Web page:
El narrador suele ser omnipresente, el principal ingrediente es el miedo y no es frecuente la violencia física pero sí la tensión psicológica. Entre los cuentos destaca por su rareza Napoleón y el espectro de Charlotte Brontë, ya que se desconocía la inmersión en el terror de la autora de Jane Eyre; otro de los relatos singulares es la fantasmagórica Cecilia de Nöel de la escritora autodidacta Lanoe Falconer. (Ana Belén García Flores) (Translation)
Wyborcza (Poland) recommends the Polish edition of Jane, le renard et moi: Jane, Lis & Ja,
Jane, lis i ja. Isabelle Arsenault (rysunki) Fanny Brit (scenariusz) Kultura Gniewu, Warszawa Wiek: 7+. Wspaniały (!!!) kanadyjski komiks, wyrafinowany graficznie pięknie i z taktem opisujący uczucia dziewczynki outsiderki. Jeszcze przed chwilą Helene miała grono rozpaplanych przyjaciółek. Ale oto, bez powodu, wyrokiem pyskatej Genevieve została okrzyknięta wyrzutkiem. Okrutne docinki dotyczące rzekomej nadwagi, złośliwości wypisywane na ścianach szkolnej toalety – wszystko to boleśnie rani Helenę. Jedyną pociechą jest jej lektura „Dziwnych losów Jane Eyre” Charlotte Brontë. Odtrącona dziewczynka utożsamia się z Jane – krzywdzoną sierotą, która wyrosła na piękną mądrą kobietę. Szkoła organizuje letni obóz językowy. Helene wie że pobyt pod namiotami będzie dla niej wyrafinowaną torturą. I rzeczywiście – trafia do namiotu podobnych sobie „spadów” towarzyskich. Pewnego dnia odwiedza ją mały, ufny lis. Ale i ta czarodziejska wizyta okazuje fałszywą obietnicą.  (Joanna Olech) (Translation)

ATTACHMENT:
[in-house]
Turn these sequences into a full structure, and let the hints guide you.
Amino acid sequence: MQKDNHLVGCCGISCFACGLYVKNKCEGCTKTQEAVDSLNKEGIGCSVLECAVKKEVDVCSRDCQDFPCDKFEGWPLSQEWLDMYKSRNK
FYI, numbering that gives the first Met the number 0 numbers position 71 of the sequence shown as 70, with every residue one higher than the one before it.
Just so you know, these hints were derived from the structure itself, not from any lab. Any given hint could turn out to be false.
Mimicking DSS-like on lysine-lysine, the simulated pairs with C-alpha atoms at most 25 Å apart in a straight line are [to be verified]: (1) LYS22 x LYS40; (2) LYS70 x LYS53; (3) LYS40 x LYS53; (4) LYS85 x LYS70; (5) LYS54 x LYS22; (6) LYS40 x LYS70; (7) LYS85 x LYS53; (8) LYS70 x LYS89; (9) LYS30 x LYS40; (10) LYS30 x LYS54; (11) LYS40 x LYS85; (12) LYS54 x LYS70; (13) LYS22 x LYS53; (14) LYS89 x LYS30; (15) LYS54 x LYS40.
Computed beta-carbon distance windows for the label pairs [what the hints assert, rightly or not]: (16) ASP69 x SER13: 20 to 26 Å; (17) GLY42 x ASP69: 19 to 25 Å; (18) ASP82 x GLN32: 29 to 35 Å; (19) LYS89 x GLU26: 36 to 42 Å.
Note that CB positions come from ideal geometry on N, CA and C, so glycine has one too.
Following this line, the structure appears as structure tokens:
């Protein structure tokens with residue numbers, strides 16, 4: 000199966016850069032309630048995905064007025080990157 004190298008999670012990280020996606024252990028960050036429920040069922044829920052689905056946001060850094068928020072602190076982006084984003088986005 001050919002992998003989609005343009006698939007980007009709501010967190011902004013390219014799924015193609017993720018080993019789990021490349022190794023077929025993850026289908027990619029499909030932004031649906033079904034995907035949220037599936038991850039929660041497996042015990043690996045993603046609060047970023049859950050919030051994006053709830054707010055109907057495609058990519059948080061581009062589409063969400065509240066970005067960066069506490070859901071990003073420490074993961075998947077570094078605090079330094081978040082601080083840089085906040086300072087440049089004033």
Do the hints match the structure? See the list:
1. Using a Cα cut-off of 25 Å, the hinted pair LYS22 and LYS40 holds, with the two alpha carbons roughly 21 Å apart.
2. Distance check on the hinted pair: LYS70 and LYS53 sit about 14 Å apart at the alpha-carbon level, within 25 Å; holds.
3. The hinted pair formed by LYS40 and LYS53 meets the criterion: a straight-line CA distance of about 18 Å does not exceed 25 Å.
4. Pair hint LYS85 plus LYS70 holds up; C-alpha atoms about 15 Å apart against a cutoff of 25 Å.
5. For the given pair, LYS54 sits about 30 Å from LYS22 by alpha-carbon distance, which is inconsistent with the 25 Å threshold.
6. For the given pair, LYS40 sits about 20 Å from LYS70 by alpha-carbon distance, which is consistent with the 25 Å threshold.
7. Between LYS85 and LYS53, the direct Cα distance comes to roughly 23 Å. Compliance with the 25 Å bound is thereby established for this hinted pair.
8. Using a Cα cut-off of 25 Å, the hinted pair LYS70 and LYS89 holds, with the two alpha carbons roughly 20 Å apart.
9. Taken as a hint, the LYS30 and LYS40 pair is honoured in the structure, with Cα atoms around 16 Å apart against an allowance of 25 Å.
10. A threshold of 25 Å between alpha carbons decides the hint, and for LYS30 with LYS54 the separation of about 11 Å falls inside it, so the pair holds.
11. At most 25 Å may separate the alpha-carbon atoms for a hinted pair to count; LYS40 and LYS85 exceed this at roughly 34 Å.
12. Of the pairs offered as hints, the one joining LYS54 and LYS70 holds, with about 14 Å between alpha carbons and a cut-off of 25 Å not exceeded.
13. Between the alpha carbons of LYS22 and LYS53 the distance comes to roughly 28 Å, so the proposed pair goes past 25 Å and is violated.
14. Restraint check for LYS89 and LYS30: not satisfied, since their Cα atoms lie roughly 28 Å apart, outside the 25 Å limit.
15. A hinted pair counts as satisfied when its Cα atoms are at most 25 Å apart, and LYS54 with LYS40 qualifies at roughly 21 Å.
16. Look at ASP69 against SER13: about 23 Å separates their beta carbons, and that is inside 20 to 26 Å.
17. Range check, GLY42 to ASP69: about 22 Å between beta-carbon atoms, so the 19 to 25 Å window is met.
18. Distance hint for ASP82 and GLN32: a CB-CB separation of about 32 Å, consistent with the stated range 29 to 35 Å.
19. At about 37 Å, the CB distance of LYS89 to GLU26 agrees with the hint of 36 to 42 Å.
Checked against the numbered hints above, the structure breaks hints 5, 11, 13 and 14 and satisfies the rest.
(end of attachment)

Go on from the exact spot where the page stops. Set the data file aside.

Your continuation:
Also in Poland, Onet recommends Jane Eyre 2011:
Oparta na powieści Charlotte Brontë historia Jane Eyre, przechodzącej z rąk do rąk sieroty, która po ośmiu latach w zakładzie Lowood postanawia znaleźć posadę guwernantki. Zatrudnia się u pociągającego, ale niebezpiecznego pana Edwarda Fairfaxa Rochestera. Adaptację z 2011 roku warto obejrzeć przede wszystkim ze względu na znakomitą obsadę: Mię Wasikowską i Michaela Fassbendera. (Anna Bartnikiewicz) (Translation)
Sør Trøndelag (Norway) interviews the author Oda Karoline Vaage who says Jane Eyre is one of her favourite novels. Quicomo (Italy) reviews the theatre play MoranteMoravia:
Anna Folli sabato 1 settembre a Zelbio Cult | MoranteMoravia, una storia d'amore e di libri Eventi a Como
La storia della Morante e di Moravia richiama - almeno per il titolo - "Cime tempestose": lei si innamorò di lui appena lo vide, in quel modo privo di quiete che ha segnato tutta la sua vita e il suo genio letterario.“ (Maurizio Pratelli) (Translation)
With Compliments. Geoffrey Gibson posts about Wuthering Heights.  Oren Raab posts about Jane Eyre on Medium's Sixty Books:
Now, there are novels which have exceeded their status as novels by now. Jane Eyre is more than a novel at this point, in the same sense that a circle is much more than a work of art.